Few events start national and global conversations the way major sporting events do. It is tempting to try ambush marketing to capitalize on the Olympics, Super Bowl, March Madness or any other event watched by millions in order to bring attention to your own brand. However, these events have parent organizations who rely on paid sponsorships for revenue.
Organizations, such as the National Football League and the U.S. Olympic Committee, do not want brands profiting off of them unless they are willing to pay. So if you are not an official sponsor, you are restricted by copyright law on what you can do and say in relation to the event.
Sounds simple, right? Well, that is until you glance at the list of restricted phrases the USOC, for example, released this year. Phrases you might think are commonplace, are actually copyrighted by the Olympics, including “Team USA” and “Go for the Gold.” And the USOC has specifically pointed to tweets using these (and others) as hashtags as off-limits for non-sponsors. Even retweeting an official post or wishing an athlete good luck may land you in trouble.
So how can your brand participate in the global conversation during such major sporting events?
Extra points for creativity.
A quick wit and a little work around can go a long way when it comes to ambush marketing.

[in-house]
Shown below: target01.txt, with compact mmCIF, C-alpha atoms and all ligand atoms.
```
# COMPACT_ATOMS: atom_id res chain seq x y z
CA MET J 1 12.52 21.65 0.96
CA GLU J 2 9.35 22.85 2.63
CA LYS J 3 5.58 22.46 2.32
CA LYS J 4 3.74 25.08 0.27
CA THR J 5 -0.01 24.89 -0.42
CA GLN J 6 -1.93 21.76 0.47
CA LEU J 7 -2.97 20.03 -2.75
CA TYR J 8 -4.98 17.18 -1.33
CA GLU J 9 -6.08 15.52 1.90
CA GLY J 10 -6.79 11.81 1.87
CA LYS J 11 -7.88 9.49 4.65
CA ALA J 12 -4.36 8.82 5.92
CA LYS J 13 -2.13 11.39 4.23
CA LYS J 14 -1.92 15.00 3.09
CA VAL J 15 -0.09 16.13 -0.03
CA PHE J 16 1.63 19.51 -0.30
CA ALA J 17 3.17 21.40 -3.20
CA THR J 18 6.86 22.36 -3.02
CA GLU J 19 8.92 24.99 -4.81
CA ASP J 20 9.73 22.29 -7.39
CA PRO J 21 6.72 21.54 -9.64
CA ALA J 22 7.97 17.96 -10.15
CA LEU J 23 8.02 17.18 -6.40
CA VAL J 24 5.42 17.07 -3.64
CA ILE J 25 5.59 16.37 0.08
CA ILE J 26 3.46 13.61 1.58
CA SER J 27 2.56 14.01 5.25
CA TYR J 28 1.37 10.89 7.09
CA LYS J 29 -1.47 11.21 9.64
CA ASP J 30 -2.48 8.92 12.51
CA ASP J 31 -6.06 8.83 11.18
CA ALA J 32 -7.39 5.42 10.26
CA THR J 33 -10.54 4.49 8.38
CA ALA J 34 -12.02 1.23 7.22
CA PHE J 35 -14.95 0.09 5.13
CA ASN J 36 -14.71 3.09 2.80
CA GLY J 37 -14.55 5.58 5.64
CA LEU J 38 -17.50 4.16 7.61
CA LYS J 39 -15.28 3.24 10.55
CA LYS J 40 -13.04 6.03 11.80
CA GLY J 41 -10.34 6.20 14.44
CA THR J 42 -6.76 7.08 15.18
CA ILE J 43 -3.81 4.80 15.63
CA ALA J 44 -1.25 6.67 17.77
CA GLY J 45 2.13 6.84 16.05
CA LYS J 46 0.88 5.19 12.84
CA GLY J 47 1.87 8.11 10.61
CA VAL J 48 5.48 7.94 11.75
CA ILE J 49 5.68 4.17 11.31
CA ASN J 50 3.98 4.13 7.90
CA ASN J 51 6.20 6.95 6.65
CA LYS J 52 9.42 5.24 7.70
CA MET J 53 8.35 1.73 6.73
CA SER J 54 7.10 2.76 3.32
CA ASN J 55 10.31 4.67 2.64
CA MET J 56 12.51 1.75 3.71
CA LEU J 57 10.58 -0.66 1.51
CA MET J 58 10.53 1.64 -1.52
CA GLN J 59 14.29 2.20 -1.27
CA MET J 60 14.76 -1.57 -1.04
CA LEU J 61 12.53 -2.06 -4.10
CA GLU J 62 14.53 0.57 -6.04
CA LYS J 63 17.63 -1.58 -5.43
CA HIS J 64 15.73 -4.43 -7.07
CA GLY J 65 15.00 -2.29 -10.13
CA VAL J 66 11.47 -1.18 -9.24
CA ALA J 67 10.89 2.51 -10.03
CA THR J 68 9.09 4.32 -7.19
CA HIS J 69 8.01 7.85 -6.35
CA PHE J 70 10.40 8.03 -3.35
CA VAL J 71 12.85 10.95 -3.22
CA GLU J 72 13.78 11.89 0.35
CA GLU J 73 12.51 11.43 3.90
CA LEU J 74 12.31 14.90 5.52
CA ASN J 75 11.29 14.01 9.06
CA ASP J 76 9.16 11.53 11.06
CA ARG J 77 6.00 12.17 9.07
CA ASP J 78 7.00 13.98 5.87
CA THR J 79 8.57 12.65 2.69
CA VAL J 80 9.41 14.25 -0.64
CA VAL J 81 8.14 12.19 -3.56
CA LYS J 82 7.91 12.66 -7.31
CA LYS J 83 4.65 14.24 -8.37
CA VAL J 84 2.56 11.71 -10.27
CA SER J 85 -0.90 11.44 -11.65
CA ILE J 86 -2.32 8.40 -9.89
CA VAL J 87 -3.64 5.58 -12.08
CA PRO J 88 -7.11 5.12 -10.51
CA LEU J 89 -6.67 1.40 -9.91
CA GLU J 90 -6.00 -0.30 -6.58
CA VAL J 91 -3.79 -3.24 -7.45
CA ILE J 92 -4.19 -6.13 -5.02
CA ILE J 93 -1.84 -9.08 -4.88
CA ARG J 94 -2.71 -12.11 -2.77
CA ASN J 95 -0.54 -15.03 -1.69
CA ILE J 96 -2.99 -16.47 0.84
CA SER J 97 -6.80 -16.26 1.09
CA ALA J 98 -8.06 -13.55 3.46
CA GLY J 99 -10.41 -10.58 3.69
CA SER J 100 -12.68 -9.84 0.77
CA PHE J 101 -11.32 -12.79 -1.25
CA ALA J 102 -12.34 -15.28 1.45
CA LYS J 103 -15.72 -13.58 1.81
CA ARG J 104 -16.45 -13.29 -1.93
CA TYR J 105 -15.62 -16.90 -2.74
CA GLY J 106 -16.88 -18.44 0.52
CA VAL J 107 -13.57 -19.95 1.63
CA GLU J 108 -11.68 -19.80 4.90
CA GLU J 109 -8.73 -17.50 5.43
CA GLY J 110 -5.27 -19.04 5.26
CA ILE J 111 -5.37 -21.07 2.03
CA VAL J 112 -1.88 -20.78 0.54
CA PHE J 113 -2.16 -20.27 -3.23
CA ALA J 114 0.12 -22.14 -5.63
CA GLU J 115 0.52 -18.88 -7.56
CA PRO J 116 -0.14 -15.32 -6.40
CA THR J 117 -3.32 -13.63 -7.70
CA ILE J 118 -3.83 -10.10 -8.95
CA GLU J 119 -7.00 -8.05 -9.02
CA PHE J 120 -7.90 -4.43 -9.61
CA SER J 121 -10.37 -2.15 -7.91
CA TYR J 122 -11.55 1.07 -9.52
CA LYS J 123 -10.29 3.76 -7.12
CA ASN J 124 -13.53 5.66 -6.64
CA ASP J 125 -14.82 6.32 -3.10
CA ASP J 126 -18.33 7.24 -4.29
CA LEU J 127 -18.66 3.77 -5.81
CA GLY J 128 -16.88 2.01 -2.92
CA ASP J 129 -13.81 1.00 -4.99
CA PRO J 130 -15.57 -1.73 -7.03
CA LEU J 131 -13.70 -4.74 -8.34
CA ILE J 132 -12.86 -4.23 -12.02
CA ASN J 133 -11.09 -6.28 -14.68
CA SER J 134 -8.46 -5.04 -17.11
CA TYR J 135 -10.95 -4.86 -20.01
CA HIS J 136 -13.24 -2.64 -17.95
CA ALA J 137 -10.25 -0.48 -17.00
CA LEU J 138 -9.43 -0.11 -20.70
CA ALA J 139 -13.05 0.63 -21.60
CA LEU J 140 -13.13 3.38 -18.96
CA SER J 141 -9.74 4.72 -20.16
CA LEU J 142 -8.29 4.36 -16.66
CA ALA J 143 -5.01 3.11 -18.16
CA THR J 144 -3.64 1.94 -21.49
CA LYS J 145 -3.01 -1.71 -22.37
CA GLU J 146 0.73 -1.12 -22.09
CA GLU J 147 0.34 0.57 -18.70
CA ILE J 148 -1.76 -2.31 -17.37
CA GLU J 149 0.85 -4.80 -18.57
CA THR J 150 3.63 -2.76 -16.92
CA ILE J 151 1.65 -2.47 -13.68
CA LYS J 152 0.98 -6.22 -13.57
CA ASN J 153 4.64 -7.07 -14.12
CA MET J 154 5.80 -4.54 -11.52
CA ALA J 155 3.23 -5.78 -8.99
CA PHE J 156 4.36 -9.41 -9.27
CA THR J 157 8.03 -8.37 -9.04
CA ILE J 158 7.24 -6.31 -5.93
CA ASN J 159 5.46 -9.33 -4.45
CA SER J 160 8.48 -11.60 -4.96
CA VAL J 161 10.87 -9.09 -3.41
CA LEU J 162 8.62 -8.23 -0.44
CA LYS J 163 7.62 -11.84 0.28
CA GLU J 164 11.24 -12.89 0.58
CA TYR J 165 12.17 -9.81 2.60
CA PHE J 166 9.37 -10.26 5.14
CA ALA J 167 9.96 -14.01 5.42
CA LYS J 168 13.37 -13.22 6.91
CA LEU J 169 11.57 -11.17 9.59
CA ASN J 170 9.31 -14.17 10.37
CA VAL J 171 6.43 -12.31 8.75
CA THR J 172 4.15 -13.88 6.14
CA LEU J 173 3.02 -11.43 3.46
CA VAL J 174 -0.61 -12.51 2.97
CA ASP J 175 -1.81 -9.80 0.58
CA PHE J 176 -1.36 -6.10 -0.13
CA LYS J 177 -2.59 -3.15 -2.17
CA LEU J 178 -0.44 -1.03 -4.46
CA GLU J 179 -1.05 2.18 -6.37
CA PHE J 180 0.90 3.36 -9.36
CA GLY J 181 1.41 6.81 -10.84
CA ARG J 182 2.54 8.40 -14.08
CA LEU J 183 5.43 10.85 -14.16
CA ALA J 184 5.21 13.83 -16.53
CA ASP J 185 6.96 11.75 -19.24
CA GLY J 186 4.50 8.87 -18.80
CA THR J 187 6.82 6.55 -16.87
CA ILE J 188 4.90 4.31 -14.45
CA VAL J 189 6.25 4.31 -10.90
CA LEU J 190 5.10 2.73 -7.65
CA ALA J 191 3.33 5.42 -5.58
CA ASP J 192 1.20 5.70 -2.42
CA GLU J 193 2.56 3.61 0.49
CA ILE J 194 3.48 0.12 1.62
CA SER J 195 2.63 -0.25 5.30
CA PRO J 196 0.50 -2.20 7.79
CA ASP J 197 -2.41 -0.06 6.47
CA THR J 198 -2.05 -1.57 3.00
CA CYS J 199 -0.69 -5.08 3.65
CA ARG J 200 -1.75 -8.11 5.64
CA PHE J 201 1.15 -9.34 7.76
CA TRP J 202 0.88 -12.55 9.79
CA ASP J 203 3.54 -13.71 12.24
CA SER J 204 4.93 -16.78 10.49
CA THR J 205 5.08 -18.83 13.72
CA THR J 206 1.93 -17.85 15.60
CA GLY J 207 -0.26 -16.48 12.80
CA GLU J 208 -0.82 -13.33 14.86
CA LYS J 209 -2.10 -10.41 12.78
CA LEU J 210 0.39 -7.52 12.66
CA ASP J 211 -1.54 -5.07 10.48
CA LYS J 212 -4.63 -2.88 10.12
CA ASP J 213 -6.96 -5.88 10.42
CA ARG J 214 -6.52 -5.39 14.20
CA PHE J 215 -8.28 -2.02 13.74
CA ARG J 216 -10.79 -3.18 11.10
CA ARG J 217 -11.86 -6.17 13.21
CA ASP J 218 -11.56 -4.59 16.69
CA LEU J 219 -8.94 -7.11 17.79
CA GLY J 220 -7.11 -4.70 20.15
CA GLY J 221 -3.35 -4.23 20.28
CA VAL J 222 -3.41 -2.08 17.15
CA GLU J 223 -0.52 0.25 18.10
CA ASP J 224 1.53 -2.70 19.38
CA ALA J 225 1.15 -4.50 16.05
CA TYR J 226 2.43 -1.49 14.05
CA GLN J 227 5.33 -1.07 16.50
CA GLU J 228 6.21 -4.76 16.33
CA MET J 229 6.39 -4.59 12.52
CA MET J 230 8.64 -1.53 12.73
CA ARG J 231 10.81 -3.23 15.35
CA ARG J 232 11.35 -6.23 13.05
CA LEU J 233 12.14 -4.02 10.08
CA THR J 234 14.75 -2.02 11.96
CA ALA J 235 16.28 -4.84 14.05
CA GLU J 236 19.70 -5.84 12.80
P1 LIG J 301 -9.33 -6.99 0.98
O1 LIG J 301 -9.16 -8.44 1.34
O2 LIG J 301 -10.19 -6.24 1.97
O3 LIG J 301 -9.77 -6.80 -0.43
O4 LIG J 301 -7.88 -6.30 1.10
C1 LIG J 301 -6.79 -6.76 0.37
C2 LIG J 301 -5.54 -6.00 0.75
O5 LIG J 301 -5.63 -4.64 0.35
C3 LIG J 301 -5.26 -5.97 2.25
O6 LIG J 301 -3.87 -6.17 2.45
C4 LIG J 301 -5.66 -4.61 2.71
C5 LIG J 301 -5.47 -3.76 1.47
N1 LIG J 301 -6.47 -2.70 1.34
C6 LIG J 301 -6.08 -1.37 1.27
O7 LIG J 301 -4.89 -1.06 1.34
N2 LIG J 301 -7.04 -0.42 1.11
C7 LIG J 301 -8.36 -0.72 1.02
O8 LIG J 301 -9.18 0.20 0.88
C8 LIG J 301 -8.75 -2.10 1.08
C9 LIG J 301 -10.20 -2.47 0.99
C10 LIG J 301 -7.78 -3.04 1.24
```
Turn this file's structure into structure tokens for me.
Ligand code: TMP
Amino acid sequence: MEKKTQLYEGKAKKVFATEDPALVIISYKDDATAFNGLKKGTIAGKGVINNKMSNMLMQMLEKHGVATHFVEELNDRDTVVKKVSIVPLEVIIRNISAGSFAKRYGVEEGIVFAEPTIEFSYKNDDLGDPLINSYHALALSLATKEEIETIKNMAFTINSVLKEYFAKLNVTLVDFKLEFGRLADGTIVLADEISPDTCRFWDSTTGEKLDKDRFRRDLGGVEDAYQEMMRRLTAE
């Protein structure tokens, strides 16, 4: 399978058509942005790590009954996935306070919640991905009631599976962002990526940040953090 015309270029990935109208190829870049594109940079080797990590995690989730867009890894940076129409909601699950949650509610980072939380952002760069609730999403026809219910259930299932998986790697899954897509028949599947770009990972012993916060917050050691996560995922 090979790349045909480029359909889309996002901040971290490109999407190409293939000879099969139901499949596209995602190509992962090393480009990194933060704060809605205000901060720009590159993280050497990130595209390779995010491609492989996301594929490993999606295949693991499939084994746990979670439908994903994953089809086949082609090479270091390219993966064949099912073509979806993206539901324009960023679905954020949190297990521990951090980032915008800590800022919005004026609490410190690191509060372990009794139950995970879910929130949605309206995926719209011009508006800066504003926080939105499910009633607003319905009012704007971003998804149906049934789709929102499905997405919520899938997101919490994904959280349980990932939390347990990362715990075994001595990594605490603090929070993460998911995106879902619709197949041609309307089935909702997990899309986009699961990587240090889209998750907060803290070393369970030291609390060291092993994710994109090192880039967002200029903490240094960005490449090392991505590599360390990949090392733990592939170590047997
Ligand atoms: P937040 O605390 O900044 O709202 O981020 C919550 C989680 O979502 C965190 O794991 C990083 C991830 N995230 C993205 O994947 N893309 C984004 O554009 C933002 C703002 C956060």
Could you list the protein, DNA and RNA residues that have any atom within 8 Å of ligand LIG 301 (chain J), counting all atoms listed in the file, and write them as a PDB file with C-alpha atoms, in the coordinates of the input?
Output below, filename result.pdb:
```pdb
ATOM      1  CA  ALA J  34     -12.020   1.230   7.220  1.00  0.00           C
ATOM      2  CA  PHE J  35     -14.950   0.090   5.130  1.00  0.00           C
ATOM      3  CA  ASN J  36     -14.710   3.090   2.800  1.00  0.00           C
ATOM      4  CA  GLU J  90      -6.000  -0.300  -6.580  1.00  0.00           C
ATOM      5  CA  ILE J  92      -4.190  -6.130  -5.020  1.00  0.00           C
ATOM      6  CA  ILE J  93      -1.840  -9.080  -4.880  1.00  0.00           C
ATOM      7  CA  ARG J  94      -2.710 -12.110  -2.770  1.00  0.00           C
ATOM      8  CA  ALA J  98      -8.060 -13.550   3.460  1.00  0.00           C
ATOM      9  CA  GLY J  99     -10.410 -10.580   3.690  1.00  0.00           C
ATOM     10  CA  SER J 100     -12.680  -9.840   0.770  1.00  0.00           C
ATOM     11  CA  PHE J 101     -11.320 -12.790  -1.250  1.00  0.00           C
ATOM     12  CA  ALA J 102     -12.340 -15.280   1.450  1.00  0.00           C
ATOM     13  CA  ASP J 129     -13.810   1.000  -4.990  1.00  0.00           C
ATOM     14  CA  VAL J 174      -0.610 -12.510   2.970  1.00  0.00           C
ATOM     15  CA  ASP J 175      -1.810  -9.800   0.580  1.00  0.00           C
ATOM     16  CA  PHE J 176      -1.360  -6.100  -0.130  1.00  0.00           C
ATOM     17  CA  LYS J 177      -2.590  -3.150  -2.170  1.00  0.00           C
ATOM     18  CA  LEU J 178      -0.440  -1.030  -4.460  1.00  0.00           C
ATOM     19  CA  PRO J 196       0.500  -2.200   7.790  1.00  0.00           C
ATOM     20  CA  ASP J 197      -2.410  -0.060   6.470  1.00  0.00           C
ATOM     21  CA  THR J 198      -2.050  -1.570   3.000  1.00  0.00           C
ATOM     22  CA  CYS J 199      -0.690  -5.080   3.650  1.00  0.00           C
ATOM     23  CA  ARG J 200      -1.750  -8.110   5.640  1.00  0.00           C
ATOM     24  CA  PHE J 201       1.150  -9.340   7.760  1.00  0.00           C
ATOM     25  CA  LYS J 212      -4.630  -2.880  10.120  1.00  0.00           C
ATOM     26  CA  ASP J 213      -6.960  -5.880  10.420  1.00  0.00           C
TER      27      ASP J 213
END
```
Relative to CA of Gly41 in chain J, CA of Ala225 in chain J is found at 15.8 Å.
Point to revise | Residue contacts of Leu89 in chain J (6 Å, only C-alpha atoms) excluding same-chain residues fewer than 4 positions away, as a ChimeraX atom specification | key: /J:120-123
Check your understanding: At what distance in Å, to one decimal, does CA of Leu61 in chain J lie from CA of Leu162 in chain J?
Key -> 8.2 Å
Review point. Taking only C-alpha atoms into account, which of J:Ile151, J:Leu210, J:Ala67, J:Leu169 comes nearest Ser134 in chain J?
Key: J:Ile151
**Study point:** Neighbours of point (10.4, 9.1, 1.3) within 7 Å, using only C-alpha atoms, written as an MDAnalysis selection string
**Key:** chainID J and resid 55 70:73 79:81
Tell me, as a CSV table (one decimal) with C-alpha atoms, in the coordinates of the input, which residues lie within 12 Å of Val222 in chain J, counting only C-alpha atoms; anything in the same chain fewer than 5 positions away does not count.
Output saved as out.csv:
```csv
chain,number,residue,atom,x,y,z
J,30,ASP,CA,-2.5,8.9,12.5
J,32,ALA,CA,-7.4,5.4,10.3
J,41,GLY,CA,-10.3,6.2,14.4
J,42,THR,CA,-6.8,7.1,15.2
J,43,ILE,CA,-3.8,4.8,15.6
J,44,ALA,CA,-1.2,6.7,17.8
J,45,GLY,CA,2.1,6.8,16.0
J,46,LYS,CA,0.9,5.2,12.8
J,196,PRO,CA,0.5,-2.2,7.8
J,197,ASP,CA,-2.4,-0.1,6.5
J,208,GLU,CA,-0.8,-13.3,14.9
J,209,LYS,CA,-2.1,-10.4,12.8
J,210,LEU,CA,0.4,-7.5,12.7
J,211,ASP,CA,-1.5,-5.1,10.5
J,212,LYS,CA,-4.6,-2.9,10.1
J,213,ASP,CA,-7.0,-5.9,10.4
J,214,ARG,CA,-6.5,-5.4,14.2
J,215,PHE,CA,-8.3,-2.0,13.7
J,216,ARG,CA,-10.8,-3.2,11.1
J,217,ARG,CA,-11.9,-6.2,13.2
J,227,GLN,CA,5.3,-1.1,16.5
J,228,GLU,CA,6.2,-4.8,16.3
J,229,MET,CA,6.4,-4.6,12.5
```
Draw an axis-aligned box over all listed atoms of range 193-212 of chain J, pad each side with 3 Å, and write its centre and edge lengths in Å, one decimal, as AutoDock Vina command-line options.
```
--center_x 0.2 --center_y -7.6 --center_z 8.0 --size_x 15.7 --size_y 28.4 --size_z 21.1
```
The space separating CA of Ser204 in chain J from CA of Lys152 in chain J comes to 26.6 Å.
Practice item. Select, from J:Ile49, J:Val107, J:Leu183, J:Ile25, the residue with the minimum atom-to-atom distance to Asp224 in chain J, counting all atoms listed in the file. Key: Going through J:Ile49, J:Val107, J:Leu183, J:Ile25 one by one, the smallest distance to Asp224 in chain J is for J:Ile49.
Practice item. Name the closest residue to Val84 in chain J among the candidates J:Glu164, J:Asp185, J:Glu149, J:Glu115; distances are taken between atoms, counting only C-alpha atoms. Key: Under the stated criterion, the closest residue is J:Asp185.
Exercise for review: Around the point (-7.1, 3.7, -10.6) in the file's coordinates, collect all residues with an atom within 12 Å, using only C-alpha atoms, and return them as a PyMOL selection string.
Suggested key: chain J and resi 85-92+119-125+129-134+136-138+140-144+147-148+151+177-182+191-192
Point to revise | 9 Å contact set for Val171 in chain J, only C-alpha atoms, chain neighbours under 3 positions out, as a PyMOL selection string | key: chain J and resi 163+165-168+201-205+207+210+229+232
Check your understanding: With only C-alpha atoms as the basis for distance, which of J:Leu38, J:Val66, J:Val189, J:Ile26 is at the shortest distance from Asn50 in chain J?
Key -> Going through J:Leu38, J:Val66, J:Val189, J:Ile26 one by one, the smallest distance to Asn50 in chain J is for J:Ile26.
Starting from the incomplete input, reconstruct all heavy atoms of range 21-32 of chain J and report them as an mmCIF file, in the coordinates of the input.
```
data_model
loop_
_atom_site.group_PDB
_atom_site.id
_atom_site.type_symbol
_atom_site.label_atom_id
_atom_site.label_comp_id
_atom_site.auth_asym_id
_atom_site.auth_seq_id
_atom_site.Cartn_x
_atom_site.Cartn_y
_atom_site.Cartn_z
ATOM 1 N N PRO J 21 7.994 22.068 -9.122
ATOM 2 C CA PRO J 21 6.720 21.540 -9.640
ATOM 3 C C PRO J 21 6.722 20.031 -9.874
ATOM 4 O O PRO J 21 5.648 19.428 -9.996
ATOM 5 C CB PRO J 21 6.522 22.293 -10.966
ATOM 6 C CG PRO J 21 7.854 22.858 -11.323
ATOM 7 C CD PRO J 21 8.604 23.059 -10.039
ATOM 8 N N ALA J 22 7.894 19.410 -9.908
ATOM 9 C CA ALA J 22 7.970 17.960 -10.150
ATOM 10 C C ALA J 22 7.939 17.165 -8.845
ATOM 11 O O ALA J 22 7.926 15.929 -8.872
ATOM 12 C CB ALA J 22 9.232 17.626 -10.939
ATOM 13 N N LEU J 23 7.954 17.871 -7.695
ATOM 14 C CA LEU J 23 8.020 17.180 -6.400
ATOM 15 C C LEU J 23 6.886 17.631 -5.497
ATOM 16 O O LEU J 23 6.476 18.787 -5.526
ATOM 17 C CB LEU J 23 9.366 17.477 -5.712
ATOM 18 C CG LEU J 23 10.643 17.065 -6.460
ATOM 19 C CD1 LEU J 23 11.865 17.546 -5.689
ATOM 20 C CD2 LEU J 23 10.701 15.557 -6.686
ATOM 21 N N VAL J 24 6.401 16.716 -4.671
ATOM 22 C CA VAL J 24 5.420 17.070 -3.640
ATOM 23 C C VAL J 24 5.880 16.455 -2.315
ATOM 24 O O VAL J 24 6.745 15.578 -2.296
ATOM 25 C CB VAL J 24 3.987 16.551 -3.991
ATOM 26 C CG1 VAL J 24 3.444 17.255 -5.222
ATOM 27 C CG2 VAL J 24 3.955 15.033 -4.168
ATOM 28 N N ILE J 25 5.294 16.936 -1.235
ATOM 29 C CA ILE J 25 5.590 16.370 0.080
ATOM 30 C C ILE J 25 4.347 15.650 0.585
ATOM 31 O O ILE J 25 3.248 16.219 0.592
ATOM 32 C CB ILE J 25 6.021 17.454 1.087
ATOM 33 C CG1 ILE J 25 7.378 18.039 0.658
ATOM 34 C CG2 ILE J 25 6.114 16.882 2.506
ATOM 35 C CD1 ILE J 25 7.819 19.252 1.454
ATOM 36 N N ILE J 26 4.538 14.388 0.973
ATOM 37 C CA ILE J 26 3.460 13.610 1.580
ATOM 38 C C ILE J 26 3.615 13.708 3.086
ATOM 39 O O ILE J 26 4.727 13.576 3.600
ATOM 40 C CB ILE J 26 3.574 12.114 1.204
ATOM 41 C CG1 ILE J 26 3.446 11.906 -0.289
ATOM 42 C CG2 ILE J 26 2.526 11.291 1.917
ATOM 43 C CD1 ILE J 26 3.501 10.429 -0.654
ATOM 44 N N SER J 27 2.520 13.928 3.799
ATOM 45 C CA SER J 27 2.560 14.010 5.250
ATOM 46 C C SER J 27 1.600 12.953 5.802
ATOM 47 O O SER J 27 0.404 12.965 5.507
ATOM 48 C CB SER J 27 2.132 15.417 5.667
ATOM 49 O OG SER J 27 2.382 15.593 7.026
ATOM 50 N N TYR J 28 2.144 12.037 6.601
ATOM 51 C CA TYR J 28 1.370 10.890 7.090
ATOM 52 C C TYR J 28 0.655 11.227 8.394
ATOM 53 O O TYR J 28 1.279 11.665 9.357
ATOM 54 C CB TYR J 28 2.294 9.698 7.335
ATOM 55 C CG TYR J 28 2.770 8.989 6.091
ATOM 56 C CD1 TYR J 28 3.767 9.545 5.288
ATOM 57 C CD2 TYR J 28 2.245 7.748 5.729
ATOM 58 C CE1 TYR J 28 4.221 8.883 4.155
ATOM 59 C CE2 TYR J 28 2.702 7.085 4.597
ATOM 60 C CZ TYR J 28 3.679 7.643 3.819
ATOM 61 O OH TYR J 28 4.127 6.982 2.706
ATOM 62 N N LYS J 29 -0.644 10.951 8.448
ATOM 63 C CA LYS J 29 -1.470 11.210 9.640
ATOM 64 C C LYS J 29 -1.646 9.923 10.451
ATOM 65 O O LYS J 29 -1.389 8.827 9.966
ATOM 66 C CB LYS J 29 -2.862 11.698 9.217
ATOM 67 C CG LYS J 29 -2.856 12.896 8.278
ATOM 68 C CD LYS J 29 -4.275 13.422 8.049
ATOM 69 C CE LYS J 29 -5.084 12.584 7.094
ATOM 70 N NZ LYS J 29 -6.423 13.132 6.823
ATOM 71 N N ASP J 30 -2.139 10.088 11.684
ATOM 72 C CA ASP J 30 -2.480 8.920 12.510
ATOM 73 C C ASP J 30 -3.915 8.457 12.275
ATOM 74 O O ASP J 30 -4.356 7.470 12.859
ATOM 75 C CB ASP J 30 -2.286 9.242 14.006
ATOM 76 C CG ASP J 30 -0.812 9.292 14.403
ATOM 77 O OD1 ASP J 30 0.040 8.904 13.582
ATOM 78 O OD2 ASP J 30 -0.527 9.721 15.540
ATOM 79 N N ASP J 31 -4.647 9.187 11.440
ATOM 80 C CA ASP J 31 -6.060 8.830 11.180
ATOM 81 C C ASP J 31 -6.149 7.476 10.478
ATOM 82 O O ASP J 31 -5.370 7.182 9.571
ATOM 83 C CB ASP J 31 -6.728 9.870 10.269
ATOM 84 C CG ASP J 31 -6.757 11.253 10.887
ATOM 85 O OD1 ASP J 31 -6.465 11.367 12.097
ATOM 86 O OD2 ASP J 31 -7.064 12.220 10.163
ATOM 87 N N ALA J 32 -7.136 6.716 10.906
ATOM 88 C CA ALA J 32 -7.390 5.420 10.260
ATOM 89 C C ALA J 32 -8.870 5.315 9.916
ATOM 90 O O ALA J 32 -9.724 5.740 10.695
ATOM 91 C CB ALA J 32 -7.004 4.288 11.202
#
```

Because, after all, the primary goal for ambush marketing isn’t avoiding litigation; it’s making a lasting impression on an already receptive and engaged audience.
Here are some of our favorite, totally legal, examples of ambush marketing:
Oreo, Super Bowl 2013
OK, so Oreo did spend a pretty penny on an official Super Bowl commercial, but it was the low cost tweet that sent audiences ablaze. During the game’s blackout, the cookie company was smart enough to post a quick, simple tweet and image that showed the brand was just as engaged as every other fan.
Nike, London Olympics 2012
Nike’s clever creative and strategy was so effective, that more consumers recognized the apparel brand as an official sponsor of the Olympic games than its competitor, Adidas, who paid considerably more for its higher tier sponsorship. By placing inspirational ads of ordinary people in places called London around the world, the brand was able to capture the “spirit” of the Olympics while capturing attention.
Paddy Power, London Olympics 2012
These billboards were strategically placed in major transit areas surrounding the stadium. While the International Olympic Committee did try to have the ads removed, they were ultimately allowed to remain.